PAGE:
JOPLIN, Mo. —
Michael Moritz, Travis Coffee and Kenneth Paylor had no idea that an assignment for their senior design class at Missouri Southern State University would win an award or the emotional gratitude from a service organization.
To them, they just had to make a drying rack. They saw the physical details -- weight, resistance, tensile strength, compressive strength, ease of replication, etc.
But they didn't see what the rack meant to those who commissioned it.
"We were blown away by what they had done," said Rikki Smith, service learning coordinator with the university. "They didn't know how many people they touched by what that prototype held."
The three seniors were recognized Tuesday for their project with the Spirit of Service Award, an annual honor from the university's Service Learning department.
The rack is engineered to hold plywood stars that are about a half-inch thick and less than a foot wide. Notched PVC pipes hold each star at two minimal contact points and allow each star to hang independently without touching other stars.
The rack can hold more than 300 stars and has wheels for portability. Each cart is built to hold 30 to 50 pounds of stars.
And that's a big deal for members of Stars of Hope, such as Smith.
The Stars of Hope project is a community art project for areas affected by tragedies such as natural disasters or man-made violence. Originating in New York City after the terrorist attacks of Sept. 11, 2001, the project features stars painted with messages of hope by students that are placed around the area.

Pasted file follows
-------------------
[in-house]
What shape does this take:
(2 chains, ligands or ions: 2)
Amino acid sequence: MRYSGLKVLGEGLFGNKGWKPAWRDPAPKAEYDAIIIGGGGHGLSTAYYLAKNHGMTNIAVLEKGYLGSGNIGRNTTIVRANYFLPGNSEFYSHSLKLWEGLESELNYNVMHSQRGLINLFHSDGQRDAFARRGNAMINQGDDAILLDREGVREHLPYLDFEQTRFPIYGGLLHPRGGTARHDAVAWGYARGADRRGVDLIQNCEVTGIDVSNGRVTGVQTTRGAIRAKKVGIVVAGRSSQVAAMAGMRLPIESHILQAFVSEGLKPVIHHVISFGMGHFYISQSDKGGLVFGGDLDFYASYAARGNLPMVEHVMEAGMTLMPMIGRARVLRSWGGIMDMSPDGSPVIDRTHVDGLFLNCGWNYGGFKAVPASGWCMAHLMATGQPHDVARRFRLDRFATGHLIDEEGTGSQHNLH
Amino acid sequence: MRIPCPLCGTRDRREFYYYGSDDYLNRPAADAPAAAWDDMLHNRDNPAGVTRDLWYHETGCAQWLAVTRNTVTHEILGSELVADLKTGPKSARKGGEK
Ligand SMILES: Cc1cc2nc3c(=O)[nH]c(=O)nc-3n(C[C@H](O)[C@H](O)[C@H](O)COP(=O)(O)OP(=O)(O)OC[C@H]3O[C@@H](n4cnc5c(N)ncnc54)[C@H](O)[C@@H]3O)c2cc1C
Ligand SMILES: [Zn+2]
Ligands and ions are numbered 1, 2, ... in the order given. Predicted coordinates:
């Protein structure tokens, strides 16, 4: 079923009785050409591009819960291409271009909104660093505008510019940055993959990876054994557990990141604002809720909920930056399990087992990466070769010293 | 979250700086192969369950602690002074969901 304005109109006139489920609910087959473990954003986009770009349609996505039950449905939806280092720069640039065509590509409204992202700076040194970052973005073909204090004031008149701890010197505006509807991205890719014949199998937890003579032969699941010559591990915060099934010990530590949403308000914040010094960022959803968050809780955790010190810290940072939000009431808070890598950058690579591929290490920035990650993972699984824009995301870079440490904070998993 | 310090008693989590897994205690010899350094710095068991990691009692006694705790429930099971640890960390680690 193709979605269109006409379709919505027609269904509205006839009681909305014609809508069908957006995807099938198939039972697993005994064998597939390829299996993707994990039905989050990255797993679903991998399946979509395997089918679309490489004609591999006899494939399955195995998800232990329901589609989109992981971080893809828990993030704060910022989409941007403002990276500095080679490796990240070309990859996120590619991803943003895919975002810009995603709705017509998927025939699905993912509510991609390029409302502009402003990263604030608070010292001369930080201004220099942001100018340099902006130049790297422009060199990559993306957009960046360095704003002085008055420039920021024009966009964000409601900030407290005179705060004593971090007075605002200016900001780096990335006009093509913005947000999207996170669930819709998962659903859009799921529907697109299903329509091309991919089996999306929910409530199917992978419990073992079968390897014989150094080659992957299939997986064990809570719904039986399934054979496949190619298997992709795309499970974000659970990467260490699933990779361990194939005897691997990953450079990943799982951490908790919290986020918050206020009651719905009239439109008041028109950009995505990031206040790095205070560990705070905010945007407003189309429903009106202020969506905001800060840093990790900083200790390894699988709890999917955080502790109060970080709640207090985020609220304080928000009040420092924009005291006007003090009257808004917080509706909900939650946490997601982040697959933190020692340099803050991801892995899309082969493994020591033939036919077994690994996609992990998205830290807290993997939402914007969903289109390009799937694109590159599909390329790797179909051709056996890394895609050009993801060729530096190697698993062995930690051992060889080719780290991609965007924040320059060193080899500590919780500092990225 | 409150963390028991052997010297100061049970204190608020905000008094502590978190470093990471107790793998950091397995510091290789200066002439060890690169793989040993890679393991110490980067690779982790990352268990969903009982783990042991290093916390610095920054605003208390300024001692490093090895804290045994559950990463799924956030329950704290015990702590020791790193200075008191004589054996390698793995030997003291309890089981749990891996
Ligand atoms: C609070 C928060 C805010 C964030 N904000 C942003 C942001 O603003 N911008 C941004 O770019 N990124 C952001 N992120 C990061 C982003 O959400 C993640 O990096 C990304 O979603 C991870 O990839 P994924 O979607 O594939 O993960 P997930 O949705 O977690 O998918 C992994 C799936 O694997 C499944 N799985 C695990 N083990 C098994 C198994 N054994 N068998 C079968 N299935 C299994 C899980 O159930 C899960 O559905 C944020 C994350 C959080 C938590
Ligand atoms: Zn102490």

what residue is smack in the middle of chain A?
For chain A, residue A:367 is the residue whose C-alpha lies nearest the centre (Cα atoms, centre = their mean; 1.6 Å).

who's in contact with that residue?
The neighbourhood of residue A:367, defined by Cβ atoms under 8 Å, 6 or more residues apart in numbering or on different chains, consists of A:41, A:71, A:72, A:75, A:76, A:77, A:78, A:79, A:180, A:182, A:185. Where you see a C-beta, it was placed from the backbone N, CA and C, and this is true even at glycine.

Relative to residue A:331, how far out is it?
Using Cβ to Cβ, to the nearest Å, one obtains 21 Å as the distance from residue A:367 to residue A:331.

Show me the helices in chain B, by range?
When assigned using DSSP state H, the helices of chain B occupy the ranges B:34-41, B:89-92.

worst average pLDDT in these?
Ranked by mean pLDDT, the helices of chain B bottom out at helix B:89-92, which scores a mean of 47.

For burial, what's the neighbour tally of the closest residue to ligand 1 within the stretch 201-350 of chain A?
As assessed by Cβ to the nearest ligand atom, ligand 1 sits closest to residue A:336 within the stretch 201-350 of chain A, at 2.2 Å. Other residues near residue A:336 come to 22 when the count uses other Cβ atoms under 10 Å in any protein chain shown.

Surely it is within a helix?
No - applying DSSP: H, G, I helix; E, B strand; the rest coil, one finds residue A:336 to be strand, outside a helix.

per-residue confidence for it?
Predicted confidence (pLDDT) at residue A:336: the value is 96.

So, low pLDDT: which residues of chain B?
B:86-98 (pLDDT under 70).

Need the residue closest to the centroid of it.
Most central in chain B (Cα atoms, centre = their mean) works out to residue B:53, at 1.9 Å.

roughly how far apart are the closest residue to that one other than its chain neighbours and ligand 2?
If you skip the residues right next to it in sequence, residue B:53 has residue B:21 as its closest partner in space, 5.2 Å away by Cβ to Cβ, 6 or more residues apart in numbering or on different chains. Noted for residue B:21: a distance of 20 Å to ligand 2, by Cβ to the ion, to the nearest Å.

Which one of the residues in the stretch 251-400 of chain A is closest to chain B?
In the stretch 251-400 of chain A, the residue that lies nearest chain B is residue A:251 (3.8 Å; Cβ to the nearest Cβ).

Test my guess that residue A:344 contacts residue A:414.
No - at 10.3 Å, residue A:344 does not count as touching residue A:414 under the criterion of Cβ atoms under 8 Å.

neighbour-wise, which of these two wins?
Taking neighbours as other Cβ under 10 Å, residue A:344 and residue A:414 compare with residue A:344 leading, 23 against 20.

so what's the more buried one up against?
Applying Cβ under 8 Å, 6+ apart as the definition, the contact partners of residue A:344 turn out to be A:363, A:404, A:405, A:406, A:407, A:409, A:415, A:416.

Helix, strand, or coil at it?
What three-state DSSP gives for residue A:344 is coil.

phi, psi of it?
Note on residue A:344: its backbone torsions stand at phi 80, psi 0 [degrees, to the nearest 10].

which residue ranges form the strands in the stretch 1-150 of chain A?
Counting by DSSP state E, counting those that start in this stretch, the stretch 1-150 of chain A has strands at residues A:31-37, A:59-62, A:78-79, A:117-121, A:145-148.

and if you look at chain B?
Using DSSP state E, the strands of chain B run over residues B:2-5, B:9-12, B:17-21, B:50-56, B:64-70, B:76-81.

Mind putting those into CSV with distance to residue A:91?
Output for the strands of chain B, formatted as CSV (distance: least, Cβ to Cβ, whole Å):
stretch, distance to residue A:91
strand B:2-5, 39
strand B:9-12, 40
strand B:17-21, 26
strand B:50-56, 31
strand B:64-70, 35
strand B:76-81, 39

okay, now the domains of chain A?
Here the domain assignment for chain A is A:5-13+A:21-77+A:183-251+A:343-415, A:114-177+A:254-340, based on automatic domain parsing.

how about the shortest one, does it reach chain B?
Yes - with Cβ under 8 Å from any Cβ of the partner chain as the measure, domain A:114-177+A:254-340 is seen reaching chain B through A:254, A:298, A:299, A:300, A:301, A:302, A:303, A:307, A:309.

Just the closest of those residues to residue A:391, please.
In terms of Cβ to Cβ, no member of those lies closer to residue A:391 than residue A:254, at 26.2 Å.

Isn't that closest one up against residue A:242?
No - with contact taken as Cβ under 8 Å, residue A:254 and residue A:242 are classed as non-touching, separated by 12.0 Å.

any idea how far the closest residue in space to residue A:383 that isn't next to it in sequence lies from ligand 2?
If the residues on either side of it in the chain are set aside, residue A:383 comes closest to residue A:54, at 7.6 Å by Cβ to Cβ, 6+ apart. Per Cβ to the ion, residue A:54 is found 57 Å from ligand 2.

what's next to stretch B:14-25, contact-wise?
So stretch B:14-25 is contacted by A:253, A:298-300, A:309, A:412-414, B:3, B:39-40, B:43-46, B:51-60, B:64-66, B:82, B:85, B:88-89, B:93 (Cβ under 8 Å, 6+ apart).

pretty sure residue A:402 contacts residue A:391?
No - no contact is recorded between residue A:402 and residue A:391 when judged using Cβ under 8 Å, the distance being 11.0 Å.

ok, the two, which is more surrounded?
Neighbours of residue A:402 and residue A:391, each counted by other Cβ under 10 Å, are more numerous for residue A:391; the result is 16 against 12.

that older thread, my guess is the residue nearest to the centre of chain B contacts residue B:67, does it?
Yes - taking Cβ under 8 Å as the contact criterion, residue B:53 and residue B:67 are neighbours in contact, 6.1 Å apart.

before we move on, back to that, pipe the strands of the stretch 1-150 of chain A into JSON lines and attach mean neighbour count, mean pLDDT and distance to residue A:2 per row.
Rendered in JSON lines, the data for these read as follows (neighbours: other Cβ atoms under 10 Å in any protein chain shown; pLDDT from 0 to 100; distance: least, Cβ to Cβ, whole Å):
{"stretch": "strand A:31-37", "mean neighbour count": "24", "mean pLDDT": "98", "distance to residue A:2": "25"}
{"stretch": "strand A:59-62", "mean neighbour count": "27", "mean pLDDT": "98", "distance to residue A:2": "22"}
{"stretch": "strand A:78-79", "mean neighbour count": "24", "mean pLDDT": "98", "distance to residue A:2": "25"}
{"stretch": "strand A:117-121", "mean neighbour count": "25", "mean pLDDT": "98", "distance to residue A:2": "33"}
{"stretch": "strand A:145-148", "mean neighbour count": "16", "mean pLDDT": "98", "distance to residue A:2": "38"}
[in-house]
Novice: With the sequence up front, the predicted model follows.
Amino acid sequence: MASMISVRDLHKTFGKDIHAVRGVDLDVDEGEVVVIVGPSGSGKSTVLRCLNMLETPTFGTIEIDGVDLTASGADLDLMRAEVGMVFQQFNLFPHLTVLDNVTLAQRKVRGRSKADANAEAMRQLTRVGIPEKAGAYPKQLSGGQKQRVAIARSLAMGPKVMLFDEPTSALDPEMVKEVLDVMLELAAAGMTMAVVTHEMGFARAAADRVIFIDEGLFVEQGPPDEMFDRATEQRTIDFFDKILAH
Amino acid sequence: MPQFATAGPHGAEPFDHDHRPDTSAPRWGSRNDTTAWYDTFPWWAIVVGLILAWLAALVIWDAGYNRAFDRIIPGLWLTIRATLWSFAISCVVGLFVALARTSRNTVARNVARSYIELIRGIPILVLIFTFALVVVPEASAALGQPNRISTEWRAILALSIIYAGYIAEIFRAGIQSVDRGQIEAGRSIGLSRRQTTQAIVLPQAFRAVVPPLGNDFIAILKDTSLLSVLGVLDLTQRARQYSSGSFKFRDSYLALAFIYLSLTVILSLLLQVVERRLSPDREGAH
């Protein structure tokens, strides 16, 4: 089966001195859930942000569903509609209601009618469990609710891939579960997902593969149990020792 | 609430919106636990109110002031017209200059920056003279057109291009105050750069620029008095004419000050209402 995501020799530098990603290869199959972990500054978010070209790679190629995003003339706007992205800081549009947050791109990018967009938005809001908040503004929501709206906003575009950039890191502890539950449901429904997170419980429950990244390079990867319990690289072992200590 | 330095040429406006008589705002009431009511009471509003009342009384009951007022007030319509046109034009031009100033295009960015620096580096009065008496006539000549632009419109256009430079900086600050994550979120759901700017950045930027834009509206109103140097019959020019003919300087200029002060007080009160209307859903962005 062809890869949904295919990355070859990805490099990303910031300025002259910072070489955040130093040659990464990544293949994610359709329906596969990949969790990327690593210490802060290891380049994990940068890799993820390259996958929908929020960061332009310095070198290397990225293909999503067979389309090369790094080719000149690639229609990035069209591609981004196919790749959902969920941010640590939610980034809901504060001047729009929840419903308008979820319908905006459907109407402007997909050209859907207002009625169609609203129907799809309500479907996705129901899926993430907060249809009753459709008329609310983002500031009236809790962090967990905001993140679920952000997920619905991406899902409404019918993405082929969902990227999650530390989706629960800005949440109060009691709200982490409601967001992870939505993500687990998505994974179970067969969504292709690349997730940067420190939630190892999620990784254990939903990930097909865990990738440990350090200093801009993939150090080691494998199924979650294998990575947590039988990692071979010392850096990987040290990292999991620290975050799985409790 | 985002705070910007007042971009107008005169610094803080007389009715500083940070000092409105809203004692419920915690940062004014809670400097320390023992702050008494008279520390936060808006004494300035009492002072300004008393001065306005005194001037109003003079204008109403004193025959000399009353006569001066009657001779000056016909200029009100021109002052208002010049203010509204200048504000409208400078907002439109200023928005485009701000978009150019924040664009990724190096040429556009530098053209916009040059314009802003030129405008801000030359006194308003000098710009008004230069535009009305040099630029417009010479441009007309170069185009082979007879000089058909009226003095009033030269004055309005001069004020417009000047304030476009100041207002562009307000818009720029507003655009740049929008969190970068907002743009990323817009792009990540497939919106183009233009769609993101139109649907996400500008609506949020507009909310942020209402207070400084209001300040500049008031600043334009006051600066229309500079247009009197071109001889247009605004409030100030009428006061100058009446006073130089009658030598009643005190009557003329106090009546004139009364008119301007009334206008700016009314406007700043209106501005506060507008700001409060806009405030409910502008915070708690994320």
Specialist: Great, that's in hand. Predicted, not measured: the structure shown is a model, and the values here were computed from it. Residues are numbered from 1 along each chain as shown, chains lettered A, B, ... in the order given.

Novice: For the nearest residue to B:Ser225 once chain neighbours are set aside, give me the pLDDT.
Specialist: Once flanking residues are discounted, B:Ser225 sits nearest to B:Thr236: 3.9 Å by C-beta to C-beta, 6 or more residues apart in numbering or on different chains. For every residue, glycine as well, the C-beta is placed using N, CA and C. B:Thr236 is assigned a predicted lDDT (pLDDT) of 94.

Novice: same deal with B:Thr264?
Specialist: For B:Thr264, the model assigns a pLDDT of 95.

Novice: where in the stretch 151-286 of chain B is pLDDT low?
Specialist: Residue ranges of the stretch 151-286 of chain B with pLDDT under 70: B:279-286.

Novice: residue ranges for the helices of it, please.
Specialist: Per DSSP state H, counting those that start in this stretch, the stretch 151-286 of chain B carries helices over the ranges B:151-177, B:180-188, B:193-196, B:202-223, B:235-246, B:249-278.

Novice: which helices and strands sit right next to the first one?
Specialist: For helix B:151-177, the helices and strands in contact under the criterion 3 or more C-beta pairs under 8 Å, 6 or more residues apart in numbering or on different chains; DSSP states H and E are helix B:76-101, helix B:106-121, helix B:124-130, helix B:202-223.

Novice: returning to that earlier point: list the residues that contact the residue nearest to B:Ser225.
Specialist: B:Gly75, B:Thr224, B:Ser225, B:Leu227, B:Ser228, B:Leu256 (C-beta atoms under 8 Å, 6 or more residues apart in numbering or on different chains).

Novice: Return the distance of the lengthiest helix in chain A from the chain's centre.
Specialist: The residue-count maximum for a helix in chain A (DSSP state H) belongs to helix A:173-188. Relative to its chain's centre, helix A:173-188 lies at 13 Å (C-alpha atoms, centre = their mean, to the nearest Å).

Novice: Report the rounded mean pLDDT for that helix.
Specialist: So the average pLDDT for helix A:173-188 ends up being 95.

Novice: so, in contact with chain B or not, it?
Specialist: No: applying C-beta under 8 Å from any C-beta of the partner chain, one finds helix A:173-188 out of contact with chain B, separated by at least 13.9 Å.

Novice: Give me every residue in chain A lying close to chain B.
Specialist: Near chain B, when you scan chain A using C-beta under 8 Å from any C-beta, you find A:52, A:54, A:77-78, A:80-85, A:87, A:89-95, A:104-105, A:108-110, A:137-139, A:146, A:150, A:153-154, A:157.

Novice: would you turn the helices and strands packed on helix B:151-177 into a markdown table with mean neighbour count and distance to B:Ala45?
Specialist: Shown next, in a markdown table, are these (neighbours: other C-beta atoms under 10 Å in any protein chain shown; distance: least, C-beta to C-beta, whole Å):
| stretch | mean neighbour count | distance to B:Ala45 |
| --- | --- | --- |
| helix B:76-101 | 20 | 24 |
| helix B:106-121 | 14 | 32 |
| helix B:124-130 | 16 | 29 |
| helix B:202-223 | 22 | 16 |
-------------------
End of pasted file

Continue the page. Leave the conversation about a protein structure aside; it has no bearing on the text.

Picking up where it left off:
Several of the stars can be seen in Joplin, especially around the site of Joplin High School. The group visited Joplin in September 2011 and provided more than 3,000 stars that community members painted.
That means a lot of stars get painted -- and, more importantly, dried. Each star gets painted twice: once with a single-color base and again by the community member who decorates it with a message.
Smith said that volunteers usually lay out stars on tarps along sidewalks or wherever they can find space.
"We'd take sheets of heavy paper or plastic and put them on the ground or tape them to ceramic floors," Smith said. "It takes up a lot of space and a long time to dry. This solved multiple issues, because it's very hard to move stars when they are laying out flat on plastic. Especially when they are still wet."